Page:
Court cases determining whether contingent attorney
fees are includible in gross income differ in various jurisdictions. The inclusion
can add substantial taxes to the taxpayer. This material discusses the tax consequences
and lists which jurisdictions have ruled in favor of inclusion and which for exclusion.
ISSUE 6: CONTINGENT ATTORNEY FEES
With the continuing flood of age discrimination,
sexual harassment, racial discrimination and other similar lawsuits, tax preparers
may encounter clients who receive significant court awarded judgments. Since the
1995 Supreme Court decision in Commissioner v. Schleier,
515 U.S. 323 (1995), these types of judgments awarded are generally not
excludable from gross income.
I.R.C. §l04(a)(2), as amended in
1996, states: Gross income does not include
the amount of any damages (other than punitive damages) received (whether by suit
or agreement and whether as lump sums or as periodic payments) on account of personal
physical injuries or physical sickness.
The tax result is that judgments received after August 20, 1996, for nonphysical personal injury or sickness are includible in gross income. Examples of these (not all
- Employment discrimination (age, racial, gender)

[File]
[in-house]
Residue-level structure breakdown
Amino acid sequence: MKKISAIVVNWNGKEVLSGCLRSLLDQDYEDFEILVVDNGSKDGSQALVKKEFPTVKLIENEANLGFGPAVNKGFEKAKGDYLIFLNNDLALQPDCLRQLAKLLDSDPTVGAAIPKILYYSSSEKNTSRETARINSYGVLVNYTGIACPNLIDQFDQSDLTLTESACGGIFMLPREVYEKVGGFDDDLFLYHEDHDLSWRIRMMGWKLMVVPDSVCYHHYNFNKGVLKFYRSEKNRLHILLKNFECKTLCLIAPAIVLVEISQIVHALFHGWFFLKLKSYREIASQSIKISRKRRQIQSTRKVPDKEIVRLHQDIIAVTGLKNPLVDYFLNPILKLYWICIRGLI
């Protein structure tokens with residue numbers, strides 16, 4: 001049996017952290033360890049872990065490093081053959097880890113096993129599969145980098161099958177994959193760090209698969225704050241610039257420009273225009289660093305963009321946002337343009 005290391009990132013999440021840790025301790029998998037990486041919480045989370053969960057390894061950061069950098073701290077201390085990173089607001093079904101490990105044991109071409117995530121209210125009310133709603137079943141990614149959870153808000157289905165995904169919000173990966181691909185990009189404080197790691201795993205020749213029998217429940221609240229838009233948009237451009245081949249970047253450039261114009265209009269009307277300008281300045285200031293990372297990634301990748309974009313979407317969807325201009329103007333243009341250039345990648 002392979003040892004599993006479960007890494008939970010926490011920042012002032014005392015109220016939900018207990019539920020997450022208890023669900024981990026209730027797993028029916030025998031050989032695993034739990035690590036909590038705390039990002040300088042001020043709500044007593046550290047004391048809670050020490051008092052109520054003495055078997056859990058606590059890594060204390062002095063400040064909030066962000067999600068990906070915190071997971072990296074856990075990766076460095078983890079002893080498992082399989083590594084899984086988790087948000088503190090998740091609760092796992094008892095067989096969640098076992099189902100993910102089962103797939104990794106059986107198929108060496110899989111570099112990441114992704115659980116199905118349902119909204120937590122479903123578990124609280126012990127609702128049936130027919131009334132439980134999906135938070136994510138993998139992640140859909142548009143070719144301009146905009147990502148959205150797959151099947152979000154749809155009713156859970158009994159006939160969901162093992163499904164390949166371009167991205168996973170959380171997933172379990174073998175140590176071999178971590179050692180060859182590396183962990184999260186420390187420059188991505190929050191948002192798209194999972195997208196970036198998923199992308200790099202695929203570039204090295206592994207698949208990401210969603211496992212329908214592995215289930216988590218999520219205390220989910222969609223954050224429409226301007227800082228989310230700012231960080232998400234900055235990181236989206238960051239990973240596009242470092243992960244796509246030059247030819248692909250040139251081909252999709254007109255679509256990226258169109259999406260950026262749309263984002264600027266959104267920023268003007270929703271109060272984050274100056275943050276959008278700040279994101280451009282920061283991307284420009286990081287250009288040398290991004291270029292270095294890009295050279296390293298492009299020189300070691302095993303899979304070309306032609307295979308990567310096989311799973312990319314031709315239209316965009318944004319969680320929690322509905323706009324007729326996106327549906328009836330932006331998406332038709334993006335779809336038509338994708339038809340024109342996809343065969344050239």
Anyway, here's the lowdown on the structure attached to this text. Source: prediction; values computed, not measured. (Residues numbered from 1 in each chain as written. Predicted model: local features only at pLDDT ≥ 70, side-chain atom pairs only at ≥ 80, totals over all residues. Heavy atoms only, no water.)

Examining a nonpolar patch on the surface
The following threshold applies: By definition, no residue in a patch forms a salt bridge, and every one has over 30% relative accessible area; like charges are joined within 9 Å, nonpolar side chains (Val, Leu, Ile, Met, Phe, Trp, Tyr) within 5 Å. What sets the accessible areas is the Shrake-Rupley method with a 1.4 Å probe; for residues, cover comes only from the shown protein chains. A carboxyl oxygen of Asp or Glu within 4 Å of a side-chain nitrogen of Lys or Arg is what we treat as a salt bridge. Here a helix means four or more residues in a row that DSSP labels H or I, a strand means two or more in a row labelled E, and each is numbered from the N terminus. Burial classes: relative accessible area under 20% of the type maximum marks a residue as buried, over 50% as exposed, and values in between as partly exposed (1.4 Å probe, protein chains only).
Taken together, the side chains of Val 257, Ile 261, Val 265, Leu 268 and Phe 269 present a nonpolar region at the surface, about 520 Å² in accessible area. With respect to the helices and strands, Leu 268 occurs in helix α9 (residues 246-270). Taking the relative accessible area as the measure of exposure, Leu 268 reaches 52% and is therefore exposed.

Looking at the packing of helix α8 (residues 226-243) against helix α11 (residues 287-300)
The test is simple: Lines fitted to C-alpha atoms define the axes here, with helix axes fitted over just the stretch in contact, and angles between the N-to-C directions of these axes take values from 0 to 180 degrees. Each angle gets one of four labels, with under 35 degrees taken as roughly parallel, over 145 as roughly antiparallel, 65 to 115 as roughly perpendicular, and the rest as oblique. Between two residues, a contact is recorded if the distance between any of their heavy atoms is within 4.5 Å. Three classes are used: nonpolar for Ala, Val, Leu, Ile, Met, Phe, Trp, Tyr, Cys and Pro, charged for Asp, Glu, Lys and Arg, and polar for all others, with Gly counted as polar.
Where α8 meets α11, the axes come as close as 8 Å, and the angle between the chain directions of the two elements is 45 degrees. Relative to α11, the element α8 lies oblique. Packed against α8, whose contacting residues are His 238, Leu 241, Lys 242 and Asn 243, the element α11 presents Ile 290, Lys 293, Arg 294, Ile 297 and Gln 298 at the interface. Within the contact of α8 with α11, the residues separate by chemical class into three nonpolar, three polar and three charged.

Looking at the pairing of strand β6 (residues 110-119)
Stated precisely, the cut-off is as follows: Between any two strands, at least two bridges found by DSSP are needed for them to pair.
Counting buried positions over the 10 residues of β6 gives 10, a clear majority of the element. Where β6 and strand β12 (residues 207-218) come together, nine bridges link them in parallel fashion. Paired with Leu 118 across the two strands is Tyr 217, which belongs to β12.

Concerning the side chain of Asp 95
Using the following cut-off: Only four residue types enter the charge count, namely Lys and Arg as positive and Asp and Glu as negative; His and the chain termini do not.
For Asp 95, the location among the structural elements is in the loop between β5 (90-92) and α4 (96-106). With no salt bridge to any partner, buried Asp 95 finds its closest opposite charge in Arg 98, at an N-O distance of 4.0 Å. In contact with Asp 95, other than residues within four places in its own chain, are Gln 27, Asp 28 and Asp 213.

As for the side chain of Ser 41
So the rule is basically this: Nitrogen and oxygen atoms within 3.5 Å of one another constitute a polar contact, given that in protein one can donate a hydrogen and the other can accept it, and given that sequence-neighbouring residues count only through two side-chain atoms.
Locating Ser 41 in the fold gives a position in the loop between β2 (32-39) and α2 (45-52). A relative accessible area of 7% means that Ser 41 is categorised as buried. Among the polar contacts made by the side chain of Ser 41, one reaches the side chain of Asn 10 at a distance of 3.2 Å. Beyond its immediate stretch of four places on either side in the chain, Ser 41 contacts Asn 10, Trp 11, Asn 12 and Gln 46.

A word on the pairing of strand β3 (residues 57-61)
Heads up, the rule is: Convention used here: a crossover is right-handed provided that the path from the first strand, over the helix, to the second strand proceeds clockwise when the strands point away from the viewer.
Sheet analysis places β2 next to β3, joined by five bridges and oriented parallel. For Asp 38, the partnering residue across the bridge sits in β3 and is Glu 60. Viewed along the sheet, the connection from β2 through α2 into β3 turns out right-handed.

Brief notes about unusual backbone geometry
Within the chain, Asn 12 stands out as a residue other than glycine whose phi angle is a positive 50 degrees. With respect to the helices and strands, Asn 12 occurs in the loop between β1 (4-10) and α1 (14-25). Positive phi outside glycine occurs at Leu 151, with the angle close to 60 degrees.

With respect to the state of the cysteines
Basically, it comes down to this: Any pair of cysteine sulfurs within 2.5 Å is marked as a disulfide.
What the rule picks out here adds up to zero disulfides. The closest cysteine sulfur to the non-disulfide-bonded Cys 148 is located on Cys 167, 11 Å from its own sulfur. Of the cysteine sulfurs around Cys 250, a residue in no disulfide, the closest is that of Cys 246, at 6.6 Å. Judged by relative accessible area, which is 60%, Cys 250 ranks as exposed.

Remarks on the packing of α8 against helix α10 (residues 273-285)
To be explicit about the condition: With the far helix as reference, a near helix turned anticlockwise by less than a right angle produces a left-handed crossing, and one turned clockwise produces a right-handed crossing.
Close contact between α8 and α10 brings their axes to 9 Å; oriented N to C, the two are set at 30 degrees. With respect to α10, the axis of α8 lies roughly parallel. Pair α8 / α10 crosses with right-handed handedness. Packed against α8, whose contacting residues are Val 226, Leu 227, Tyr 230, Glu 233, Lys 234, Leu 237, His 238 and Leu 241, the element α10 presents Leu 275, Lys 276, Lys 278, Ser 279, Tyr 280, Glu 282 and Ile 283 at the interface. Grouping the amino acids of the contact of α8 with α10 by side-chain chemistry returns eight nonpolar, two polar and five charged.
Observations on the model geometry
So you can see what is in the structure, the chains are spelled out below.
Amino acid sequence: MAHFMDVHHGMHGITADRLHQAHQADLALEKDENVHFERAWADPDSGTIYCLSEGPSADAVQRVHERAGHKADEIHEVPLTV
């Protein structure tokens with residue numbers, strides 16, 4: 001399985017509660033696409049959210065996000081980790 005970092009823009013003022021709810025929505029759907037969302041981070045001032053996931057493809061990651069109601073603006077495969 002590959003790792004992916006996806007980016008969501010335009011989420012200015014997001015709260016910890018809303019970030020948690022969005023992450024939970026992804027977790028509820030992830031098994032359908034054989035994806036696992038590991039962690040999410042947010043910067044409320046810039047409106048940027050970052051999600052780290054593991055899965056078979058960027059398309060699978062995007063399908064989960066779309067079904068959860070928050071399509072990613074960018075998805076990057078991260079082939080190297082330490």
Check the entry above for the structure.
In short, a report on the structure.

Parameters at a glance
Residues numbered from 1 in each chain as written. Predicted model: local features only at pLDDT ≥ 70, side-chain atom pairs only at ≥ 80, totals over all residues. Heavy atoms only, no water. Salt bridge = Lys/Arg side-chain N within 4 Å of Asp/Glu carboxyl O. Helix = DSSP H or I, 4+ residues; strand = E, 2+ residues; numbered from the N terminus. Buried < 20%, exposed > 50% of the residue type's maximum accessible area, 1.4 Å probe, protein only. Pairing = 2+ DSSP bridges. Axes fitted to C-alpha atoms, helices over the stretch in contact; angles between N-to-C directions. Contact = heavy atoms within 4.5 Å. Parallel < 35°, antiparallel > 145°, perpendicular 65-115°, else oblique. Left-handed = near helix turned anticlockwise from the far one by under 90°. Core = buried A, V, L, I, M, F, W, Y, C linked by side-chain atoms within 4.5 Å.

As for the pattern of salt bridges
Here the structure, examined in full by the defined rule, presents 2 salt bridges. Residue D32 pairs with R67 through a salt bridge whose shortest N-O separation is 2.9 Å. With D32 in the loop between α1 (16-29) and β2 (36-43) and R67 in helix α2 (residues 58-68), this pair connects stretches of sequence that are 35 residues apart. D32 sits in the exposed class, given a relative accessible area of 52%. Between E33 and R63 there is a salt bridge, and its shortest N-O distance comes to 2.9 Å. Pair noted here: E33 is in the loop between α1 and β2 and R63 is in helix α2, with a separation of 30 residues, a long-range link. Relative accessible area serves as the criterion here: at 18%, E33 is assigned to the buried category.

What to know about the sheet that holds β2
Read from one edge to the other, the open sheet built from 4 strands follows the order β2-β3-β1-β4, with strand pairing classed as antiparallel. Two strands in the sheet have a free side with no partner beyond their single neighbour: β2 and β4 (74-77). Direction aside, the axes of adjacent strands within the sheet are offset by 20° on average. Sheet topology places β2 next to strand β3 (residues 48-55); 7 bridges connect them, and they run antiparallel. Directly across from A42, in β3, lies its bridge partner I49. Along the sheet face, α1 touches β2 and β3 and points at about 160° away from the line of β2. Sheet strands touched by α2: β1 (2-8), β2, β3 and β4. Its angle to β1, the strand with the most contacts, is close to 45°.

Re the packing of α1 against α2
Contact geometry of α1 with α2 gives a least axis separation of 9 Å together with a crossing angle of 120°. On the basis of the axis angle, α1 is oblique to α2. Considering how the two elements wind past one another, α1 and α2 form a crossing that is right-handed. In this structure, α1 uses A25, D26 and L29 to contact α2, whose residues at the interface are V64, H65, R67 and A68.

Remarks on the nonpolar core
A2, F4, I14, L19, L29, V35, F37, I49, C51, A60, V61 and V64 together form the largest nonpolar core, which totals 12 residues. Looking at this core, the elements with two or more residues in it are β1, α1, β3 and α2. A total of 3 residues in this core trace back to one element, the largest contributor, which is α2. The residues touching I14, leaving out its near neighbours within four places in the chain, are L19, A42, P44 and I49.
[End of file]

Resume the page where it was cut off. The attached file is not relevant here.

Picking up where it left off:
- Wrongful termination of employment
- Defamation of character (libel/slander)
- Alienation of affections
- Wrongful prosecution
- Breach of contract (including business disputes)
CONTINGENT ATTORNEY FEES PAID BY CLIENTS
The tax issue is whether contingent attorney fees are includible
in the client’s gross income. The courts are split on this issue. Following is
a combined judicial/IRS “scoreboard” of the decisions/positions as of May 2001
(see the introduction to the Rulings and Cases chapter for the jurisdictions of
the various courts).
|Includable in Gross Income
||Excludable from Gross Income
|Internal Revenue Service
||5th Circuit Ct. of Appeals
||6th Circuit Ct. of Appeals
|Federal Circuit Ct.
||11th Circuit Ct. of Appeals
|9th Circuit Ct. of Appeals
|1st Circuit Ct. of Appeals
|4th Circuit Ct. of Appeals
|7th Circuit Ct. of Appeals
Two lines of reasoning in the conflicting court decisions
The assignment-of-income doctrine results in the inclusion
of income to the client. This doctrine, established by the Supreme Court in 1930,
ho1ds that taxpayers can’t assign income, to which they are legally entitled,
to a third party without first paying tax on it. The Tax Court applied this doctrine
to contingent attorneys fees in Kenseth v.
Commissioner, 114 T.C. 399 (2000). See pages 630–31 in the 2000 Farm Income Tax School Workbook for an analysis
of this important decision. The 7th Circuit court of Appeals affirmed the Tax
Court’s decision in 2001.
The nine majority Tax Court judges in the Kenseth decision held that state lien statutes
are irrelevant. The “shotgun” approach of I.R.C. §61 controls and the assignment-of-income
doctrine must be applied. Gross income means all income from whatever source derived
State law must be examined to